largest annual telecommunications gathering in Spain, Oppo unveiled its first 5G sm

artphone and announced that four foreign telecom carriers are to be among the first to sell the 5G model.

Oppo said its 5G handset will use the United States semicond

uctor giant Qualcomm Inc’s Snapdragon 855 chipset and X50 modem to latch onto 5G networks.

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About 100 million units of handsets are sold in Europe ever

year. We must build a presence there.”In the fourth quarter of 2018, Oppo outcompeted Samsung to

become the largest smartphone vendor in Thailand with a market share of 22.2 percent, gro

wing about 70 percent year-on-year, according to the market research company Canalys.

Its products and services are also well received in other South Asian and Sout

heast Asian countries, including India, and African countries such as Kenya.

In 2018, Oppo shipped 113 million units of smartphones wor

ldwide, garnering a global market share of more than 8 percent, according to IDC data.

Other Chinese smartphone makers, including Huawei, Xiaomi and Vivo, are also looking beyon

d their home turf for growth. In this context, Oppo believes it has an edge over others as it first started its i

nternational journey as early as in 2009 in Thailand, much before others jumped on the going-global bandwagon.

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But Wu admitted that it is not easy to crack open the har

 nut of European smartphone market where most handsets are sold in large retail chains and by local telecom operators.

Also, European consumers are different from their Chinese counterpart

s in terms of product preferences. For instance, European consumers are not big fans of bea

utifying photos. As a result, the company has to work hard to localize its products.

Although Oppo is a well-known brand among European tel

ecom industry professionals, awareness about it among the consumers is not high.

“It takes time to build a brand, with careful consideration nee

ded to decide what forms of marketing and product com

munications are appropriate. We are working hard to know the specific characteristics of each market,” Wu said.

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More than 41 percent of children and teenagers who sleep

too little use electronic devices such as computer tablets and mobile phones, the survey fou

nd, and youths whose parents use smartphones in front of them are more likely to have less sleep.

Other factors, such as noise and light pollution, contributed to the problem, the report said.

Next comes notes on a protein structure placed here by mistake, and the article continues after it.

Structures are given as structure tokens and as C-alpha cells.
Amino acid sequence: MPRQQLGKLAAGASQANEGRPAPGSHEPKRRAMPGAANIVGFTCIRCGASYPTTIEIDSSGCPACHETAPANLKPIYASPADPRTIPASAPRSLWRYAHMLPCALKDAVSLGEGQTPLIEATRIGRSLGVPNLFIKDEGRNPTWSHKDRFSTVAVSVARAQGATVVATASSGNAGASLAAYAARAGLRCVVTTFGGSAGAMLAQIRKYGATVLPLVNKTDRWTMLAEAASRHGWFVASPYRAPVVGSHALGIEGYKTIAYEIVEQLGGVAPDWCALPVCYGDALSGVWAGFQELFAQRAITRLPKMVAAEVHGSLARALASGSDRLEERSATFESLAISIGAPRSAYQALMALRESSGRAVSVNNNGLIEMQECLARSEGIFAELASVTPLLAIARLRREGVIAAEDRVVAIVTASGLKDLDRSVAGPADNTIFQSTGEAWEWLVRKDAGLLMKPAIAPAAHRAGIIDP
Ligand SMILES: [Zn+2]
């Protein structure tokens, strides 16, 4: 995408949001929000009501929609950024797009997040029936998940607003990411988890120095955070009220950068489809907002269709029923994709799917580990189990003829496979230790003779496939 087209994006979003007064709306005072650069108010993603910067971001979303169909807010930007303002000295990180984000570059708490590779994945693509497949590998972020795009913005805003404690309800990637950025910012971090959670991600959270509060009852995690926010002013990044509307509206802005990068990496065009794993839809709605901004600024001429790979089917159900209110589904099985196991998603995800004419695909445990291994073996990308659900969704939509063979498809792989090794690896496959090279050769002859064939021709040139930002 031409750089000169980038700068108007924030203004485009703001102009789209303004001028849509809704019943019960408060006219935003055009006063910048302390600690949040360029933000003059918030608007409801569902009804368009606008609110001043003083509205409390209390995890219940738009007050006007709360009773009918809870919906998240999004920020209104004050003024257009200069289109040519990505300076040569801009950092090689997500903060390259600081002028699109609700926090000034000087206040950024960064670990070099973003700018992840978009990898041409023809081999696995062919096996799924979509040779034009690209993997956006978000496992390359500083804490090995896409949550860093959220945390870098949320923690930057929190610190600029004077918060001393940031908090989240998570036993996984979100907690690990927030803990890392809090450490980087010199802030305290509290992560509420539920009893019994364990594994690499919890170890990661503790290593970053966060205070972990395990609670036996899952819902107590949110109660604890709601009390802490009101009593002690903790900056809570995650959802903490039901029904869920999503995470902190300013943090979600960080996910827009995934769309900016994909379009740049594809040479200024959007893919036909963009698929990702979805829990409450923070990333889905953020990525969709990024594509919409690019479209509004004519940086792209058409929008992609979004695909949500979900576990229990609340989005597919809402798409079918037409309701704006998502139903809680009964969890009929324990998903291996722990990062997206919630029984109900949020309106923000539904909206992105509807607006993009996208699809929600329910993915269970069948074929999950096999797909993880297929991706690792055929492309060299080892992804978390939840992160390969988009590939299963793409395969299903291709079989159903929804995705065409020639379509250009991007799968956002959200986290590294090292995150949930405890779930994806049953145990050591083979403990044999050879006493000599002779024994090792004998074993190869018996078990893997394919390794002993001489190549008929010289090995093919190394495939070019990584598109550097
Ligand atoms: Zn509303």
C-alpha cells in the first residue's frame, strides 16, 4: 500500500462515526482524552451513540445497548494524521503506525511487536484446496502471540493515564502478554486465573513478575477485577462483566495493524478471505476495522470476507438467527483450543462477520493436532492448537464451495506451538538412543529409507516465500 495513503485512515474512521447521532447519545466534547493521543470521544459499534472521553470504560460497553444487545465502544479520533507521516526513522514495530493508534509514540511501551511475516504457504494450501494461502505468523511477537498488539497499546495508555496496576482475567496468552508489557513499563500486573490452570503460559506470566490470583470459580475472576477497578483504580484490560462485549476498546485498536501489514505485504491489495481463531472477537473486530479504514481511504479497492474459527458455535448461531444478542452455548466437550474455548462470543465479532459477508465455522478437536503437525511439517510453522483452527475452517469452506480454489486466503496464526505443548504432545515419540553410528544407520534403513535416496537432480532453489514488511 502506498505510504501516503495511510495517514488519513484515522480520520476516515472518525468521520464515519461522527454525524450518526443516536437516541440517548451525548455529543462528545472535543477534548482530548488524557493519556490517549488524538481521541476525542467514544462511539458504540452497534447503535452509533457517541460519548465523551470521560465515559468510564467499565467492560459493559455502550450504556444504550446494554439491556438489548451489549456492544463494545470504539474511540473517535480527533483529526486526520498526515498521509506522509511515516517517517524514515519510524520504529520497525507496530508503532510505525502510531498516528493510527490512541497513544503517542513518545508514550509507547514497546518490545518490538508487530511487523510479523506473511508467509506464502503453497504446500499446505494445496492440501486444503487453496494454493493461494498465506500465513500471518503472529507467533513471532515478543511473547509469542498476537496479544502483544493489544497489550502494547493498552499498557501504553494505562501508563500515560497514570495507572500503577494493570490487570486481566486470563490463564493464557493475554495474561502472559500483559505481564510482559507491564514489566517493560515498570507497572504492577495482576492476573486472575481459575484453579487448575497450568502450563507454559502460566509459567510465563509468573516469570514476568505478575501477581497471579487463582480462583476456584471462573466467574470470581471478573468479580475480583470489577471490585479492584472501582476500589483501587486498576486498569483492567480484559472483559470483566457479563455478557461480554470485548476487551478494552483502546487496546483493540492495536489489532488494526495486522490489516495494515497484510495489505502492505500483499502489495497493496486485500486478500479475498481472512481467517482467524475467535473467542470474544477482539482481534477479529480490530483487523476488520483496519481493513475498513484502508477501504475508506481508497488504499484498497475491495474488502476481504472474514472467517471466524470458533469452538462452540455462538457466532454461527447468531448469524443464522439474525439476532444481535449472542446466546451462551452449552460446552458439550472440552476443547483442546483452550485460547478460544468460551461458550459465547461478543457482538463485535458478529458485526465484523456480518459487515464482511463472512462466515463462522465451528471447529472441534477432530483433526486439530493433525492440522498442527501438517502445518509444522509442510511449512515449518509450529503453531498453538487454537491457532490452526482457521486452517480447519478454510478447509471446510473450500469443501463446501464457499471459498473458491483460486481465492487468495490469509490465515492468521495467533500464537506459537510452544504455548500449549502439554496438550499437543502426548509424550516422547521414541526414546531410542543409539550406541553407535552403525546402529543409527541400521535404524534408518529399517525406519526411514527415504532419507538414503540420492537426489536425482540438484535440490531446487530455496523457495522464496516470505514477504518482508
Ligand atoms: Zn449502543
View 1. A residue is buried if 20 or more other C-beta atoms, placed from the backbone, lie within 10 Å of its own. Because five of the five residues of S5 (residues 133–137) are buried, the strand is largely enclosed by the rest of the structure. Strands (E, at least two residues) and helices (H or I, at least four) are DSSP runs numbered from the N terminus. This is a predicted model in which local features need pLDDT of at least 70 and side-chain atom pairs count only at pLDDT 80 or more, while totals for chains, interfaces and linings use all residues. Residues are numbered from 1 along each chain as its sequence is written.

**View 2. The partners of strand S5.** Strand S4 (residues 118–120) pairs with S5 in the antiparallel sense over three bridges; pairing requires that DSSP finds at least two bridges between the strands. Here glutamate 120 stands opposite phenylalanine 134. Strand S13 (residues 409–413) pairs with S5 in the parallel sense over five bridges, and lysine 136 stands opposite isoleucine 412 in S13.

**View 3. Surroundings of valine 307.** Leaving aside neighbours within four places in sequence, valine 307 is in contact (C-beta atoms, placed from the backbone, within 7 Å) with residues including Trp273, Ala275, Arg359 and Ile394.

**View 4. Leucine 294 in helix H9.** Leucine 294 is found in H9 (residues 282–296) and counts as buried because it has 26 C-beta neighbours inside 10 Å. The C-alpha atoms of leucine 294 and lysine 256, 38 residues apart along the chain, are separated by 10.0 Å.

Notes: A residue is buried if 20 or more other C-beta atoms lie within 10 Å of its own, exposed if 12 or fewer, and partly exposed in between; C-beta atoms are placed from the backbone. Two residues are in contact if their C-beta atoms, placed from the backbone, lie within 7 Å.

The survey also indicated that good sleep results in higher efficiency in study. Students who sleep longer generally fini

sh homework in two and three hours per day, while those who sleep less require four to six hours.

Gao Xuemei, vice-president of the society, said studies have shown that decreasing sle

eping time for children and teenagers has been a global trend in the past 10 years, but the problem appears to be

worse in East Asia, including China, largely due to a heavier load of school homework.

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FUZHOU – In the Chinese city of Quanzhou, East China’s

Fujian province, workers at a garment factory of Kelme are busy stitching and ironing the white and blue jerseys of the Spanish football club Espanyol.

Their goal is to meet the soaring domestic demand boosted by Wu

Lei, a Chinese striker who joined the club a month ago. Wu made history by becoming the first Ch

inese player to score in a La Liga match on March 2, sending his fans into a frenzy.

“Over the last month, we have sold over 10,000 Wu Lei jerseys,” said Ke Yongyuan, presid

ent of Kelme (China), who owns the Yuanxiang garment company in the sportswear manufacturing hub.

Prior to Wu’s debut in Europe, Yuanxiang acquired 80 per

cent of Kelme’s shares and became the controlling shareholder of the renowned inter

national brand. Yuanxiang’s expansion offers a glimpse into Chinese manufacturers’ endeavor of going global.

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hinese President Xi Jinping sent a message of condolenc

to New Zealand Governor-General Patsy Reddy on Friday over the deadly shooting incidents earlier Friday in New Zealand’s Christchurch City.

In his message, Xi said he was shocked to learn about the serious shooting incidents which have caused heavy casualties.

On behalf of the Chinese government, the Chinese people and in his ow

n name, Xi expressed deep sympathy with and sincere condolences to the New Zealand gov

ernment and the New Zealand people, while expressing grief for the victims and wishing the injured an early recovery.

Also on Friday, Chinese Premier Li Keqiang sent a message of condolence to New Zealand Prime Minister Jacinda Arder

n, expressing grief for the victims while extending sincere sympathies to the injured and the bereaved families.